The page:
Another challenge with the current dialog is that it sometimes alienates allies. White men I know ask me "how to not be part of the problem" but feel guilty instead of being guided towards things they can do. They want to help, but don't know how. 

Starting this blog is my best answer; I want to document stories and practical advice for anyone wanting to help improve diversity in tech and other industries struggling with diversity. I feel very lucky to have achieved my professional accomplishments through an amazing network of managers, mentors, and peers. When I meet with other mentees or when I manage my own group, I lean on my own experiences, either channeling the same empowering messages told to me, or trying to proactively avoid mistakes I've seen myself. This project is an attempt to codify those experiences and advice, but I want to take it one step further: I'm embarking on a journey to interview other under-represented groups and allies to bring their own stories of empowerment to life. While focusing on gender diversity is closest to home to me, I'd also love to cover different types of diversity across race, socio-economic background, sexual orientation, and more.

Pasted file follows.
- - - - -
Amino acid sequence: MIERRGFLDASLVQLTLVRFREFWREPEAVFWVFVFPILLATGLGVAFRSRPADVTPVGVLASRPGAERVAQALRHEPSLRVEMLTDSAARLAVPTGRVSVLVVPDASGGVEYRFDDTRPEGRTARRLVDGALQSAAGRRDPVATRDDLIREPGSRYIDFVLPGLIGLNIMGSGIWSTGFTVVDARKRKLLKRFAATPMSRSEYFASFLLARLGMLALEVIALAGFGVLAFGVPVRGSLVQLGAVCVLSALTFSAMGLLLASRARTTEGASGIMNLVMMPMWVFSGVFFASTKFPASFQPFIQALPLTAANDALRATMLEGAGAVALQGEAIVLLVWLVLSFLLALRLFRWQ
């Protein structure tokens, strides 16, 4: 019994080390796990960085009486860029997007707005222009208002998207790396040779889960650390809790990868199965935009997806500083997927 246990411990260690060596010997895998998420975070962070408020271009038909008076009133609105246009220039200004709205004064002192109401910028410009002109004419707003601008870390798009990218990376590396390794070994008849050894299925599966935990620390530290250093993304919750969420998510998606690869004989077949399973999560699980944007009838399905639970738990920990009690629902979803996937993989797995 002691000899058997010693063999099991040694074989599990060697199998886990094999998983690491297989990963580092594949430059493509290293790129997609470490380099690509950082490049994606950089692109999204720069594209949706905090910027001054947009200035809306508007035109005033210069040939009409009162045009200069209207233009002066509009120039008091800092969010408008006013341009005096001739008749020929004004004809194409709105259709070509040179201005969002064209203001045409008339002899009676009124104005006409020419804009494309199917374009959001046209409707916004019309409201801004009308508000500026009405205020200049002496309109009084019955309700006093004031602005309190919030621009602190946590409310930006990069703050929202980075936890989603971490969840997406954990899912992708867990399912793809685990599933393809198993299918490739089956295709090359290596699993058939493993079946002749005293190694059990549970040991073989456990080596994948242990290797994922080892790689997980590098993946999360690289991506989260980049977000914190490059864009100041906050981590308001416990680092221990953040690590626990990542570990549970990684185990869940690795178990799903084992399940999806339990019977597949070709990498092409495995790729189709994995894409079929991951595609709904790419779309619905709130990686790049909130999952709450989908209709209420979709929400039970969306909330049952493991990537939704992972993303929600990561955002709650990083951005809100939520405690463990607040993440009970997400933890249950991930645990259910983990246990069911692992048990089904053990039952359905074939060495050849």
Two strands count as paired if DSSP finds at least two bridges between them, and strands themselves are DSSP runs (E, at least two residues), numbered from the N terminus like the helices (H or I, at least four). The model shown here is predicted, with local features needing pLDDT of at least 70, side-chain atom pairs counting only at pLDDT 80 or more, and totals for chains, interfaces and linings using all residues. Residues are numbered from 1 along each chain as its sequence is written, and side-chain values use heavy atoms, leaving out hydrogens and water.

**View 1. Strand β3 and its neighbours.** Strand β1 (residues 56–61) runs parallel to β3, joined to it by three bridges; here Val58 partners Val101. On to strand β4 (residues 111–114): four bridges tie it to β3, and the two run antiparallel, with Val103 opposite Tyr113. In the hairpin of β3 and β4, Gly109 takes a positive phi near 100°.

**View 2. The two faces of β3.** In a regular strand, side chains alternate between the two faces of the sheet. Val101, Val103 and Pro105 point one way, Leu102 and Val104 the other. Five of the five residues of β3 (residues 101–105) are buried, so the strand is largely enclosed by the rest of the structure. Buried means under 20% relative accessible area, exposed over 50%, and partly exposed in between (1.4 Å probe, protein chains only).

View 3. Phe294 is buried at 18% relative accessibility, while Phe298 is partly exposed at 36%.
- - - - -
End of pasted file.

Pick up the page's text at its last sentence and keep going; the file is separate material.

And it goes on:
Through a lot of practical examples of what's worked and what hasn't, my hope is to create a resource about every-day actions we can all take to encourage diversity. Let's get started.